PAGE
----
[2013-01-18] I read this book back in August, after receiving a kindle copy from the author. It is a wonderful story of hope, strength and tradegy - t...more[2013-01-18] I read this book back in August, after receiving a kindle copy from the author. It is a wonderful story of hope, strength and tradegy - tradegy refused, fought and transcended. I will be writing a fuller review in time (and probably rereading!!), but in the meantime, I recommend you grab a copy and read it!(less)
An excellent, fast-paced read. I was enthralled throughout. I thought the characterisation was excellent and the relationships realistic. The descript...moreAn excellent, fast-paced read. I was enthralled throughout. I thought the characterisation was excellent and the relationships realistic. The descriptions of the various incidents were very vivid.
Poltergeeks absolutely races along, sometimes leaving the reader almost out of breath; there are few points where the reader thinks “Ah! I can put the book down knowing all are safe for a bit”. I admit that partway through, I worked out who – but I didn’t see the why. This looping interweaving sleight-of-hand part of the book was wonderfully woven.
[2012-06-17] Book finished. Full review to follow. I was impressed at the inclusion of a bibliography. Nearly 10% of the ebook was taken up with this,...more[2012-06-17] Book finished. Full review to follow. I was impressed at the inclusion of a bibliography. Nearly 10% of the ebook was taken up with this, the acknowledgements and a preview to Cameron Nation - I didn't read the latter, as that's next on my to read list!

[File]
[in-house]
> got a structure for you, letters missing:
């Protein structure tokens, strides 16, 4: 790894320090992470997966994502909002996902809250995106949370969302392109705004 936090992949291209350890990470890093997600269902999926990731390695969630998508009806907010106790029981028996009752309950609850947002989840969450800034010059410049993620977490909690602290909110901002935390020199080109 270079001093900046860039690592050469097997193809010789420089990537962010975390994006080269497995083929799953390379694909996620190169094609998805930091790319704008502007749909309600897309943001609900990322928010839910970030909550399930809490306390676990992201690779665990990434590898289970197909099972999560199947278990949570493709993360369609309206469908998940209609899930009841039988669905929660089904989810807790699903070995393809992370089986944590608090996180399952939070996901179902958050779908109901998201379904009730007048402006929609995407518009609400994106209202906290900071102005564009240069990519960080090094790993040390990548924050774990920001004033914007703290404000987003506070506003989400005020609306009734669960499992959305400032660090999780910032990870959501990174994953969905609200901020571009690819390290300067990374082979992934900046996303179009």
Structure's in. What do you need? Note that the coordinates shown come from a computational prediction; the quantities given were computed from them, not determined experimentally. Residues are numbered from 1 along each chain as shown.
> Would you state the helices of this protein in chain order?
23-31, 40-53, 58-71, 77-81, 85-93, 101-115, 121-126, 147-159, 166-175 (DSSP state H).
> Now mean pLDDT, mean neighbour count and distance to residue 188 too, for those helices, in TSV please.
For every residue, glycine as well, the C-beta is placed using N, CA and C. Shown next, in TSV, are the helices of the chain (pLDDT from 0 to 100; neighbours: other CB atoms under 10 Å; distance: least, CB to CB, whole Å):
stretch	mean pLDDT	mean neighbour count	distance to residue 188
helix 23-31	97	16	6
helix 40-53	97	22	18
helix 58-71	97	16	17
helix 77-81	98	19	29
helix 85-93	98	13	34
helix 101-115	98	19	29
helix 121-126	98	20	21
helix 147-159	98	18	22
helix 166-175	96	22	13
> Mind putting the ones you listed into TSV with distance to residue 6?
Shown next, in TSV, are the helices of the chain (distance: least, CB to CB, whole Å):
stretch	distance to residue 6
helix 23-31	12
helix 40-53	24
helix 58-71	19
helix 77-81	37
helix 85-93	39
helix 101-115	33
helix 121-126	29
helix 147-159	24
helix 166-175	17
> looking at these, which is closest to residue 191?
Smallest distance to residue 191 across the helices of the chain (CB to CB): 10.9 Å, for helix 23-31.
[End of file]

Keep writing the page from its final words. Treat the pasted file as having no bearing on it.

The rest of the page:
[2012-06-17] Wrote the review in manuscript today...will try to make time to edit, type & publish this week....(less)
I received this ebook from Michele Gorman to read and review. I read it quit...more[2012-04-29]Excellent book.
Misfortune Cookie by Michele Gorman
I received this ebook from Michele Gorman to read and review. I read it quite quickly after receiving it, but real life has got in the way of me writing a full review any sooner, for which I apologise.
Misfortune Cookie is a fun read, falling clearly into the chicklit genre. It is a testament to Michele's writing ability that at the same time time that she makes her main character, Hannah, a rather selfish and quite self-centred person, you still want to find out what happens to her and, despite her ways, you want things to turn out right for her.
I think this dichotomy may be because although Hannah displays lots of selfish behaviour, she can also be very kind, and rarely sets out to hurt or harm anyone. She is loyal to those she regards as friends.
One thing that 'made' this book for me was Michele's description of Hong Kong. I have never (yet!) visited Hong Kong, so Misfortune Cookie gave me a flavour of the city, its heat and humidity. Hong Kong was as much of a character in this book as any of the people.
Michele's writing style is engaging and thus easy to read. There was little repetition and the descriptions of places clear, crisp and atmospheric. Without being heavy-handed, there was never any doubt that we were anywhere but Hong Kong.
All in all, I thoroughly recommend this book – it is an excellent summer read. Ladies: download it to read in the sun!
There was some lack of character development that for me turned what could have been a brilliant book into an average book. The bones of the plot are...moreThere was some lack of character development that for me turned what could have been a brilliant book into an average book. The bones of the plot are well thought out and the twists are elegantly placed. It is unfortunate that the execution doesn't match up to the promise. Unfaithfully Yours is still a good read and has been and I'm sure will be enjoyed my many.